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10 May 2018, 16:29 | Updated: 14 May 2018, 15:05
Nicknamed the ‘Swedish Nightingale’, Jenny Lind was a soprano whose voice was admired by Chopin, Mendelssohn and Clara Schumann, no less! She may have found 21st-century fame from the film The Greatest Showman, but Lind was a lot more than P.T. Barnum’s singing money-maker.
At Jenny Lind’s London début in 1847 at the Haymarket, she gave a performance so arresting that Queen Victoria threw a bouquet of flowers at her feet.
But the Swedish Nightingale had unusual beginnings. Born out of wedlock and into a life of poverty, Lind had her first break at just nine years old, when she was accepted as a voice student at the Royal Theatre of Stockholm. By her early teens, she was a renowned opera singer.
Sure, The Greatest Showman has a fabulous pop-musical soundtrack, and Lind’s character’s belting ballad ‘Never Enough’ – dubbed by Loren Allred – is as ear-wormy as it gets. But it definitely isn’t opera.
It is possible that the movie is making a point here about Lind being a popstar of her time – but being a 19th-century popstar was a slightly different ballgame.
Back then, Lind was praised for her elaborate ornamentations, impressive runs and ability to sing an incredibly simple tune and make it sound spectacular.
People loved her, and she became one of the most adored singers of the 1800s. The New York Tribune summarised her popularity: “Jenny Lind’s first concert is over; and all doubts are at an end. She is the greatest singer we have ever heard”.
A significant portion of The Greatest Showman’s plot revolves around P.T. Barnum’s infatuation with the talented Swedish singer, who eventually also falls for him and quits her career.
However entertaining their almost-love story might be, there isn’t *really* any truth in it.
In 1849, Lind appeared in her final opera, Robert le Diable, in 1849, and toured the US the following year with Barnum. But Lind was a deeply religious woman, and left the stage after meeting a clergyman who told her that singing on the operatic stage was ‘evil’. Her mother had encouraged similar beliefs.
Lind married her accompanist Otto Goldschmidt in 1852. She subsequently retired from singing, sticking to just a few one-off charity concerts.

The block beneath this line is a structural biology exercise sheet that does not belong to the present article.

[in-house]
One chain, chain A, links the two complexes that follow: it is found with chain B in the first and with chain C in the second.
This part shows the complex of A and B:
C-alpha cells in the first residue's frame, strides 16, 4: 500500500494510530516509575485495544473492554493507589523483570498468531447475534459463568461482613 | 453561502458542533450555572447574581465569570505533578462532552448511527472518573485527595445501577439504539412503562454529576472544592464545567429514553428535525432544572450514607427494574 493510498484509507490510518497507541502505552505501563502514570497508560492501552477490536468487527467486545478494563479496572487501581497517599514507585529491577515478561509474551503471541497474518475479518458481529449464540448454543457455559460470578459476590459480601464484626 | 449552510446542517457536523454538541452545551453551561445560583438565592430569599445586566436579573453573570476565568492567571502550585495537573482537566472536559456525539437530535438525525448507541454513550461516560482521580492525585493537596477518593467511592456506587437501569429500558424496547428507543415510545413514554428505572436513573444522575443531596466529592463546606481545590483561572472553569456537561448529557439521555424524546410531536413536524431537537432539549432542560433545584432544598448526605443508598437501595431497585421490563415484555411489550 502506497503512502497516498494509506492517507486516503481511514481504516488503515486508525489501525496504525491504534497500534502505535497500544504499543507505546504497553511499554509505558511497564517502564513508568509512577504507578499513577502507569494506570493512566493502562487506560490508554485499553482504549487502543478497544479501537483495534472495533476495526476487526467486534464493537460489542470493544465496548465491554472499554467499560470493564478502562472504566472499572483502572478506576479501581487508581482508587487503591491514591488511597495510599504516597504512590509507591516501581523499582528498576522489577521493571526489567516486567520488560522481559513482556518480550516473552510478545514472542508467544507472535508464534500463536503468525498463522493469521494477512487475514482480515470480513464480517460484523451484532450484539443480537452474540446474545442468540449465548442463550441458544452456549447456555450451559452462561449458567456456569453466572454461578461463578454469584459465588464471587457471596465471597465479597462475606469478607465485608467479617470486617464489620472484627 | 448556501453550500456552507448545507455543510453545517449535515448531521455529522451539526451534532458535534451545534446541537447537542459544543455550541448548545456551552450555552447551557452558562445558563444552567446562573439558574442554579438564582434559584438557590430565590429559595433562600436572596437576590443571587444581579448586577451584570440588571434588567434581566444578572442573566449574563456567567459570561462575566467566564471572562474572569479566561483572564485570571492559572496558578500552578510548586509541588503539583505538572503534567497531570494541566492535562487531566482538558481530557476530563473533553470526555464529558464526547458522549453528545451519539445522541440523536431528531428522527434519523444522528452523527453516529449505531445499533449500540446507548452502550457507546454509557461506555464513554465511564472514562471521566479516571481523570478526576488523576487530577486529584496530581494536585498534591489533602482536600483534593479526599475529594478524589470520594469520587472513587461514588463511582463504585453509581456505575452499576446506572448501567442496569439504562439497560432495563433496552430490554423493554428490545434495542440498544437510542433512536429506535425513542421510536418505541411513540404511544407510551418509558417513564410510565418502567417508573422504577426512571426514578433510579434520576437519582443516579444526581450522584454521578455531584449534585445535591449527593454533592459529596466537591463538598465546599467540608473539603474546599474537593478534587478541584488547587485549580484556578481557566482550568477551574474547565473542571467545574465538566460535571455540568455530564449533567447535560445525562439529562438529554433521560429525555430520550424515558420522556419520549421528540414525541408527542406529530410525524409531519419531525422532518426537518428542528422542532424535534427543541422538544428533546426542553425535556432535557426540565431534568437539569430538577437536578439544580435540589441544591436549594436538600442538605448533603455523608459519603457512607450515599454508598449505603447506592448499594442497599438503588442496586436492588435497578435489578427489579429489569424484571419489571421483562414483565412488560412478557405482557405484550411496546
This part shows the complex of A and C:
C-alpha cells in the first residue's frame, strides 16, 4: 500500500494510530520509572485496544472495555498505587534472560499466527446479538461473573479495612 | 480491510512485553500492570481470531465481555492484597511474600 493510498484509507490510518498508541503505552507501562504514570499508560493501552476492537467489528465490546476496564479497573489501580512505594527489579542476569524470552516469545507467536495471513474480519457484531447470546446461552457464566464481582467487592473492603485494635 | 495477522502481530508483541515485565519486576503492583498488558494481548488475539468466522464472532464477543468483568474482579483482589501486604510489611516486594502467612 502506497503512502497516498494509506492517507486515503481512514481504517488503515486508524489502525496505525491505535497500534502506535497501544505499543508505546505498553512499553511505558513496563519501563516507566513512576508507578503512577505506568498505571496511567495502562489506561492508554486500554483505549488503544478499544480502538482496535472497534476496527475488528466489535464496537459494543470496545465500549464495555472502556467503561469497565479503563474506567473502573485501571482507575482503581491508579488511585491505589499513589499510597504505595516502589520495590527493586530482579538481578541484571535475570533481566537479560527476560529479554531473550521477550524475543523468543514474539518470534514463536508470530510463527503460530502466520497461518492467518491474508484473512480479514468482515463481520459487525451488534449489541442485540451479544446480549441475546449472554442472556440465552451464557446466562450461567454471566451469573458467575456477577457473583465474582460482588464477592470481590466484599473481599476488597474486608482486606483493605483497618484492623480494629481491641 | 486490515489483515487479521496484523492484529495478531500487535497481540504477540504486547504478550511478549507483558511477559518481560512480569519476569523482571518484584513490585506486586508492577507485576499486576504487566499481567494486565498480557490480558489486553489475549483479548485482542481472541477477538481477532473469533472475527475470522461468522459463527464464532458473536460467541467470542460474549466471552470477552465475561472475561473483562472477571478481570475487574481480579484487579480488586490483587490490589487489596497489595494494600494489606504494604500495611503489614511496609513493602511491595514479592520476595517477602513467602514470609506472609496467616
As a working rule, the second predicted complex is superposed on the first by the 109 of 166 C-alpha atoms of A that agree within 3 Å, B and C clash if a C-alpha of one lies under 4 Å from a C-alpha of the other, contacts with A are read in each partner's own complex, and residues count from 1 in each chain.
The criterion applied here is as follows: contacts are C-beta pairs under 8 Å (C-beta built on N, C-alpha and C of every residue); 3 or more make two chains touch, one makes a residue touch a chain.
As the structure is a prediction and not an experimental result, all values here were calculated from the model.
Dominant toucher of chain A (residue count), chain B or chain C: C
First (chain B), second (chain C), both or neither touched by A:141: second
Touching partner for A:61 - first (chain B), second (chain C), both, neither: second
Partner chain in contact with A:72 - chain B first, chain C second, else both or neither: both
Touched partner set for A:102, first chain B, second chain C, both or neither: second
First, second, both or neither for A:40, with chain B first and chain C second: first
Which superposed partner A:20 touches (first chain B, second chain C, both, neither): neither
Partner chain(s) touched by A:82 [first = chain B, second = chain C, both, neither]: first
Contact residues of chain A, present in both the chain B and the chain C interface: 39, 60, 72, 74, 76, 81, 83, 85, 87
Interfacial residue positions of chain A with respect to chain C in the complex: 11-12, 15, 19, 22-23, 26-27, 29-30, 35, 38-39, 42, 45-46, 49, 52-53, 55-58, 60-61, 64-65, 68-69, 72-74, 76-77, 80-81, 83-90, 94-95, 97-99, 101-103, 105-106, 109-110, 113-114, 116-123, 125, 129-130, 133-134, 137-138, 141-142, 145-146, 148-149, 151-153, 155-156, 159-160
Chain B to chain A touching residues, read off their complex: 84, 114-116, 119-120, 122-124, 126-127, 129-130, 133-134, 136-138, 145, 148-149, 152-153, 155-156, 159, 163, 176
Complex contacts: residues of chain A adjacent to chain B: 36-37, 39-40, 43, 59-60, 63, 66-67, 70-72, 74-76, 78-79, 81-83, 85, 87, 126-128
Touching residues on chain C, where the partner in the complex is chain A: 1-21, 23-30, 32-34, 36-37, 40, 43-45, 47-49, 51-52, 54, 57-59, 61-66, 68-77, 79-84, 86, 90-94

Lind lived as a retired singer for the next 30 years, before becoming a teacher at the Royal College of Music, London, in 1883.
In a desperate attempt to raise his public profile and scrap his circus-entertainer image, Barnum risked his whole fortune for Lind: a singer he’d never even heard sing, and who was barely known in the US.
His marketing campaign for her was unprecedented, as were his promises. He vowed she’d receive $1,000 a night for up to 150 nights of performances, and he paid salaries up-front, meaning he had to sell or mortgage everything he owned.
Fortunately, her debut in New York and the nine months of concerts that followed were phenomenally successful – and they gave Barnum the fame he craved.
Felix Mendelssohn called Lind “as great an artist as ever lived; the greatest he had known”, and composed one of the arias in his oratorio Elijah with her voice in mind.
Lind also attracted the attention of Hans Christian Andersen, who fell in love with the singer, writing his story The Nightingale as a tribute to her. It was because of this that she got her nickname, the Swedish Nightingale.
It has been speculated that Lind had a relationship with the great Romantic composer Frédéric Chopin. In the later years of his life, the composer suffered from tuberculosis, and she would sing to him to make him feel better.
Chopin said of Lind: “This Swede does not show herself in the ordinary light of day but in the magic rays of the aurora borealis”. Her high notes, to which he was apparently referring, were pianissimo and gorgeous.
But it was the composer Clara Schumann who gave the highest praise of all.
“Lind has a genius for song which might come to pass only once in many years,” she wrote. “Her appearance is arresting at first glance and her face, although not exactly beautiful, appears so because of the expression in her wonderful eyes.
“Every tone she produces is sheer beauty. Her coloratura is the most consummate I have ever heard. Her voice is not large in itself, but it would certainly fill any room, for all its soul.”